A Rocket App with Auth0 Integration

In this post we’ll be walking through an example application I’ve sketched out on GitHub. I threw this together because I didn’t see anything similar for Rust, Rocket, and basic Auth0 integration.

We will go through the process step by step, from configuring Auth0 in their management console, to building, configuring, and running our application.

Auth0 Configuration

This example uses what Auth0 calls a “Regular Web Application”. Create one of these in the management console.

auth0 settings

Create a new application, or use an existing one. Our application will need these application settings values, so keep them handy:

Since our application will do an authentication handshake with Auth0, we must also enter some configuration into the Auth0 management console itself. This ensures Auth0 will only accept and call back to URLs we explicitly specify (it’s all about security, after all).

First, add our localhost URL to the list of Allowed Callback URLs.

https://localhost:8000/login

Scroll down and save your changes.

You can also take note of the values in Advanced Settings > Endpoints. Auth0 sets these up for us, and our application will make use of these. Note that your Auth0 domain is a component of these endpoints.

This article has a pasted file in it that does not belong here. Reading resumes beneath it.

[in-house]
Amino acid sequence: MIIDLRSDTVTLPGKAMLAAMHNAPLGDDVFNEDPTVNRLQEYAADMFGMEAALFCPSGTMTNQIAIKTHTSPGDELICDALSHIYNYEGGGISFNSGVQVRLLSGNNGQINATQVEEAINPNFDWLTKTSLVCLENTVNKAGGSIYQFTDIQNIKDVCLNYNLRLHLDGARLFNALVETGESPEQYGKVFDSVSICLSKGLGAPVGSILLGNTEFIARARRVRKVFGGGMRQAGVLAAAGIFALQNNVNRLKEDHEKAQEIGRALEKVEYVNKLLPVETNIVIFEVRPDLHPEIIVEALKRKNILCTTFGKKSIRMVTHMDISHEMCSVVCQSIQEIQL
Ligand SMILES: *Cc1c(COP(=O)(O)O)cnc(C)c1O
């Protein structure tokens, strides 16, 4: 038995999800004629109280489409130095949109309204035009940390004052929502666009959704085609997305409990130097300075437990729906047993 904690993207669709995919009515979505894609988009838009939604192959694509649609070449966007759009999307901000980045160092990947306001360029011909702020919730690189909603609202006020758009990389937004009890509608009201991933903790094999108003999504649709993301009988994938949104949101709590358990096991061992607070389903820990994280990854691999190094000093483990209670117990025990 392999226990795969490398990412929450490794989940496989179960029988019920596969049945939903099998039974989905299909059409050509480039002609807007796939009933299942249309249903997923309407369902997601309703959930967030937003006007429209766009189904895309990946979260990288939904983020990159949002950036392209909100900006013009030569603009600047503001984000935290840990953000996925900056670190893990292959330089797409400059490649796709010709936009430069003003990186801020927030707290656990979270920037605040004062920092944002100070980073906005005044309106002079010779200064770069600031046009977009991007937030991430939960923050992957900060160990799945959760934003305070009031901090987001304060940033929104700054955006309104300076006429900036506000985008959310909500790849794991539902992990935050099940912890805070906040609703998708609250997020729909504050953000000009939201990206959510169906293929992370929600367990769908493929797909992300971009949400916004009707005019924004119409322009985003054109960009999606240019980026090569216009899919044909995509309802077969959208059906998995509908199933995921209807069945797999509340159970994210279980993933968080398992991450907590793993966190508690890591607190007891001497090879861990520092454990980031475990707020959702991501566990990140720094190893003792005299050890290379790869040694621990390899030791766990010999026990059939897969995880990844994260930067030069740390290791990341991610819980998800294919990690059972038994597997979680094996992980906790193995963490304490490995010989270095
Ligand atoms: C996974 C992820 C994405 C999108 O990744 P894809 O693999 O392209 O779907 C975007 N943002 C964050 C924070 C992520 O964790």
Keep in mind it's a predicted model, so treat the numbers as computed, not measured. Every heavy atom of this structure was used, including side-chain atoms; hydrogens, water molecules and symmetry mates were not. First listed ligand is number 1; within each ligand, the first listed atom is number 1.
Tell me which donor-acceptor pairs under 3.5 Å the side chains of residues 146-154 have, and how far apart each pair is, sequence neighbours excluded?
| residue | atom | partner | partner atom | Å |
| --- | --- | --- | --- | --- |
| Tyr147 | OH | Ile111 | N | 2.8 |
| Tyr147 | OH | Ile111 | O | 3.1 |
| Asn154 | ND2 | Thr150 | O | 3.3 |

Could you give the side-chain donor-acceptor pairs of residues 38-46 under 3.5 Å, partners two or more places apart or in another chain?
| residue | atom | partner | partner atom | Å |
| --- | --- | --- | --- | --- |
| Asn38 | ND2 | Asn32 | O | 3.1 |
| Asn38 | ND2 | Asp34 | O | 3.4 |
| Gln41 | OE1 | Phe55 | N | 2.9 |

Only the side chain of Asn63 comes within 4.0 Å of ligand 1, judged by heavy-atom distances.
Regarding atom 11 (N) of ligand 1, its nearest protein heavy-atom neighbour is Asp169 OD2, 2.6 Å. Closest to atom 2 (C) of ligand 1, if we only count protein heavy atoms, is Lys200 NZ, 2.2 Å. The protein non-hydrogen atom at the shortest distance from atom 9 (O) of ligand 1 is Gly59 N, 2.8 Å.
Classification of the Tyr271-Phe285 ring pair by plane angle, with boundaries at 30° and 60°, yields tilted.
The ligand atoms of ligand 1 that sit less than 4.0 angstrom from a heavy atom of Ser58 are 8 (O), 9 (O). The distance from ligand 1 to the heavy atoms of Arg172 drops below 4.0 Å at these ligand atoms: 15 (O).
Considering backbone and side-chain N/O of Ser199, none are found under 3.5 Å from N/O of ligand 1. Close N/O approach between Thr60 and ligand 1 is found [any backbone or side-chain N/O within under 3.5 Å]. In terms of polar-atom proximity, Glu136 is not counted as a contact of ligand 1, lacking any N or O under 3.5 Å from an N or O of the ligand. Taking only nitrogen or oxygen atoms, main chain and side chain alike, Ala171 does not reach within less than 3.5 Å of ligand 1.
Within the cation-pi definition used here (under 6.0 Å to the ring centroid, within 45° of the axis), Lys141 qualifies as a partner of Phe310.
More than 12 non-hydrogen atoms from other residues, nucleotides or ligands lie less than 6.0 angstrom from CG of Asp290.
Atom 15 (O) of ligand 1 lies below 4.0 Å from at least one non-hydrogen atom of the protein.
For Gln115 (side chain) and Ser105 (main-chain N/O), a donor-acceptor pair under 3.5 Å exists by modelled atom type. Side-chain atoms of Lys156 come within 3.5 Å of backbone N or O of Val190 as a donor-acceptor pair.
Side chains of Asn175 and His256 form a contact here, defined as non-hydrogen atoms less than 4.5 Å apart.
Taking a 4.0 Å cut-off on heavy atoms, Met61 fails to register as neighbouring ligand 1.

Install Rust (nightly)

You’ll need to install Rust, if you haven’t already.

Rust comes in two main flavors, stable and nightly. Since our project dependencies (including Rocket) require bleeding-edge compiler features, we must use nightly. Don’t let that scare you, managing versions of Rust is easy with rustup.

First, get rustup from https://rustup.rs/ and then use it to install and use a nightly Rust compiler by default.

rustup default nightly

You should now have Rust and cargo, the official Rust build tool and package manager. You can think of cargo as npm or pip, but for Rust.

Build the Rust Example

Clone our example project to wherever you like to write code.

git clone https://github.com/anxiousmodernman/auth0-rocket-rust-example
cd auth0-rocket-rust-example

Use cargo to build our project. If this is your first time using Rust, compilation will take a long time. But don’t worry! Build artifacts are cached, so subsequent builds will be much faster.

cargo build

Generate Self-signed Certificates

In our example, we provide a script to generate self-signed certificates to serve our Rocket app locally over TLS. The script requires a working Go installation. Run it like this:

./generate-cert.sh

Configure and Run the Rust Example

Almost there. We need to provide our application the Auth0 configuration values mentioned earlier. We’ll use 1) a Rocket.toml file and 2) an environment variable.